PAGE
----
by Emily Connors
My digital video essay focuses on the complex role that gender plays in the culture of the Middle East. I highlight how it is important to place Middle Eastern women’s rights within certain social, economic, and political contexts. Women’s rights in the Middle East has had a staggered an uneven development because of the variety of contexts that occur within the region. Some areas of the Middle East have seen successful women’s rights movements drastically transform their cultural, political, social, and economic landscapes. However, other area’s have had stagnated success in achieving women’s rights and other area’s have seen little to no success women’s rights movement. In my digital video essay, I compare and contrast the women’s rights movements of Iran versus the women’s rights movements of Afghanistan and Pakistan.
I aim to show how certain areas have had women’s rights movements suppressed or success has stagnated for various reasons. When gender issues in the Middle East occur, they derive from cultural practices and legal doctrine. This places women at a disadvantage within the social hierarchy of the andocentric society. Women’s rights movements in the Middle East have not been equally successful or linear in progress. Some Middle Eastern countries have been slower to transition their society to one of equality than many other regions of the world. It has been found that the weaker and more unstable the political structure of a country, the more likely it is to have strong patriarchal systems, too. I use the aggression of the Taliban as an example of a hindrance to the movements. Outsiders stereotype the Arab woman as secluded, veiled, and kept within the domain of the home in the private sphere. However, this digital video essay aims to show how Arab women are much more than that and their each of their lives are different in social, economic, educational, religious, and sexual contexts. The Western world must dismantle the motion that women in the Middle East are passive and powerless even though they are in a marginalized position within the social hierarchy.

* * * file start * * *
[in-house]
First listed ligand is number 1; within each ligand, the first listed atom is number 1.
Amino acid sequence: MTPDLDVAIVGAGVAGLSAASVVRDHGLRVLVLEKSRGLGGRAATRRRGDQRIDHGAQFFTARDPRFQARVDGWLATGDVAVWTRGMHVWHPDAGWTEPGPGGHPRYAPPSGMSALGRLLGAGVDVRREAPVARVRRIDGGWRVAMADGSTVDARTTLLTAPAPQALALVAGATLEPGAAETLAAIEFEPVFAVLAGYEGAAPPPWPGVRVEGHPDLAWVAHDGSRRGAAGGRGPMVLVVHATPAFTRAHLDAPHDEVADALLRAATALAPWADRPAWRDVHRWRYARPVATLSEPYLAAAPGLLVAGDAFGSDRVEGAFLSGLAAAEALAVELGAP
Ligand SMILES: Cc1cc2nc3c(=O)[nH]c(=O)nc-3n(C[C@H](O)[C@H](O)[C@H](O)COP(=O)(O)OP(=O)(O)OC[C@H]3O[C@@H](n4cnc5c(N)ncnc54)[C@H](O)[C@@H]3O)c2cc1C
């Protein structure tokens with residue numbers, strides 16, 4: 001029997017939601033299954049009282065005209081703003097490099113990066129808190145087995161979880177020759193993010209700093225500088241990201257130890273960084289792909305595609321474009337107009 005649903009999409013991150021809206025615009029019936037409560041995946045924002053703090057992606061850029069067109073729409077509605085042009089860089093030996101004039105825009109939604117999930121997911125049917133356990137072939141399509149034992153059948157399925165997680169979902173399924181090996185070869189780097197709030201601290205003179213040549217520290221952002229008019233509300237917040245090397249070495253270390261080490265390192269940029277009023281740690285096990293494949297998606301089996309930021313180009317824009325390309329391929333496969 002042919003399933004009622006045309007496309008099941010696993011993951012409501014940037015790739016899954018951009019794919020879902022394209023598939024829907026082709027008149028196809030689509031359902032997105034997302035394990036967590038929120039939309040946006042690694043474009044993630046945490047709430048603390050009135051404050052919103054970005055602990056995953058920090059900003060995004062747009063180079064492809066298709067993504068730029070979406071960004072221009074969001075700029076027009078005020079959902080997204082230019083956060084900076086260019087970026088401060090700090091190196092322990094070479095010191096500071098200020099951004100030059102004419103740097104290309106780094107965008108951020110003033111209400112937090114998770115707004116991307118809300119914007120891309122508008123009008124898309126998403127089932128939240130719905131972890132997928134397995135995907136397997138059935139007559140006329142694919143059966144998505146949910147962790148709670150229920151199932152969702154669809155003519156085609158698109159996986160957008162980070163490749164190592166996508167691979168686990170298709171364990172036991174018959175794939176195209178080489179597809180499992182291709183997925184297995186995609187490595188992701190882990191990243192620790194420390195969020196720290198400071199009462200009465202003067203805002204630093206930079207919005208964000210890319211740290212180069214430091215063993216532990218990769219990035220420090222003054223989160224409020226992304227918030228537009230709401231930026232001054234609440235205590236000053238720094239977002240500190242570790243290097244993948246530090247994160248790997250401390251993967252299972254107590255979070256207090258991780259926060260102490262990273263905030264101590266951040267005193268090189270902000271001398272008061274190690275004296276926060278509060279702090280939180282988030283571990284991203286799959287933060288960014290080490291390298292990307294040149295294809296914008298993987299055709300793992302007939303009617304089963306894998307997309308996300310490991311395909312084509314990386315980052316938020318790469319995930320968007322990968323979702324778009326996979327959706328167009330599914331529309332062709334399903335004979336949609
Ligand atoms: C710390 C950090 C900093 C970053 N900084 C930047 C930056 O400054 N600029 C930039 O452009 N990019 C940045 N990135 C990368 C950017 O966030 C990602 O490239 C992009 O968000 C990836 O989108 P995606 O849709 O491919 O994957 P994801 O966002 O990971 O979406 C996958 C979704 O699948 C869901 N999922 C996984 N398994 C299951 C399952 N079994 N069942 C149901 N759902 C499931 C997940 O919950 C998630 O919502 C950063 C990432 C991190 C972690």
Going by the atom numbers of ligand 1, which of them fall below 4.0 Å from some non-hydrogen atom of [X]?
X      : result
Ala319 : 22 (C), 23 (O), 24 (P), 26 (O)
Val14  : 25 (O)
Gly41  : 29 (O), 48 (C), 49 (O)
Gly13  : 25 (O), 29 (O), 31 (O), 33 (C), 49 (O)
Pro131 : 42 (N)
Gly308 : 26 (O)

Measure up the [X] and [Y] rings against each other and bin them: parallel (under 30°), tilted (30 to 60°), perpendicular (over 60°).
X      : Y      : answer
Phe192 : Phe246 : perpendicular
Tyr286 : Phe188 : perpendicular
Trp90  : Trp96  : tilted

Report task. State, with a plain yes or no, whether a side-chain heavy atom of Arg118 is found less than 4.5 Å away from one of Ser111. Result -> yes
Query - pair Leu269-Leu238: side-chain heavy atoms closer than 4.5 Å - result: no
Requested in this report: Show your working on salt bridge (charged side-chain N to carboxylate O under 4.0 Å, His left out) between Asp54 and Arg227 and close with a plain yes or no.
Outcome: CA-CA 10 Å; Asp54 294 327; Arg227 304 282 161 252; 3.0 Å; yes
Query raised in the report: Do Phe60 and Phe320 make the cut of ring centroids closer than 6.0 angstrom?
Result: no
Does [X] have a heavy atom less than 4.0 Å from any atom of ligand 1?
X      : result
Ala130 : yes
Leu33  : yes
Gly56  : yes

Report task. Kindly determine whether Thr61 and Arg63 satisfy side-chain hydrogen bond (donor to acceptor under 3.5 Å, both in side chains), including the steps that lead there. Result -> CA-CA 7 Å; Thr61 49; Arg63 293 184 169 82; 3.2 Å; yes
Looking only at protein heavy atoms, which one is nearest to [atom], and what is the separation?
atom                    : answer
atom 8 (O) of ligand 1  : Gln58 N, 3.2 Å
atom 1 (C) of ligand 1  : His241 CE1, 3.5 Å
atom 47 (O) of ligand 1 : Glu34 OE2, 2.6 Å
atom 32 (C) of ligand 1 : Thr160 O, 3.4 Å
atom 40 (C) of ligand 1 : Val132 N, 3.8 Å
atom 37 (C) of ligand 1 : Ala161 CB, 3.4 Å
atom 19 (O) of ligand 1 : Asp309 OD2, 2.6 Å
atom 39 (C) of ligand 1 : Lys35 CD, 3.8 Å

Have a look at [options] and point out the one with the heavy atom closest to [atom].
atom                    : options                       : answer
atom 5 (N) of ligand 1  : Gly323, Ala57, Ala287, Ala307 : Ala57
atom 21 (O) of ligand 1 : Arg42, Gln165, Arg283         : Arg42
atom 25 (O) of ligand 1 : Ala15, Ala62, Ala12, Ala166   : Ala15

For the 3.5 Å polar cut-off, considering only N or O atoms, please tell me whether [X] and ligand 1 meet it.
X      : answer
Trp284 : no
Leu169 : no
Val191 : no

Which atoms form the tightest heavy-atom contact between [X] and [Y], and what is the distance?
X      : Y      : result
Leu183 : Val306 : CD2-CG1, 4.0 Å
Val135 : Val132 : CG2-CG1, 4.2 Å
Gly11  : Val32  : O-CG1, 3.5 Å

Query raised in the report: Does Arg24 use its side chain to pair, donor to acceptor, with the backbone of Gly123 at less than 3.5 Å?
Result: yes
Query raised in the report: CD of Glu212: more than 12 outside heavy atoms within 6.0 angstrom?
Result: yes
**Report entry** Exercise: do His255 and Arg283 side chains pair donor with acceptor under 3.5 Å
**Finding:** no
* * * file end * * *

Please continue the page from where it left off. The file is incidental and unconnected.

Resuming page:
The digital video essay also shows the differences between the public versus private spheres within some Middle Eastern societies and how they reflect gender roles within societies. Gender segregation restricts the daily behaviors and lives of Middle Eastern women and how they move through space. Women in the Middle East have begun to create strategies to counter the male authority structure. Since the 1980s, women in some Middle Eastern countries have started to challenge the authorities and rethink gender. Such movements originated in Egypt, Iran, and Turkey. Iran has had a particularly successful women’s rights movement, beginning in the nineteenth century. When women became involved in the Constitutional Revolution, it sparked a new movement for women’s rights within a quickly changing society. The combination of the spread of the Baha’i religion (which emphasized gender equality), the emersion of Western liberal thought, increased relations with Europe, the emerging success of the neighboring Egyptian and Turkish women’s rights movement, created an ideal circumstance for Iran to form a successful movement, themselves. In this digital video essay I aim to show how women’s rights movements in the Middle East have a long history and are not a new phenomenon. However, the movements are often critiqued by their opponents that they are products of the infiltration of Western capitalism and are not borne from Middle Eastern culture itself.
Middle Eastern states have had various degrees of impact on women and women’s rights depending on many contexts and places. Globalization has confronted Middle Eastern countries with how to view women within their societies. Middle Eastern women in many areas have created their own strategies to counter the presence of the male authority structure. They have begun to form their own niches of power even within the patriarchal system and in this way they are countering their marginalization by creating their own meaning. The Middle East is not a homogenous region, but rather a diverse area of the world consisting of a multitude of social, historical, political, and economic contexts. It is because of this that the development of women’s rights has been uneven between the many countries of the region. My digital video essay will highlight the uneven development of women’s rights movements in the Middle East.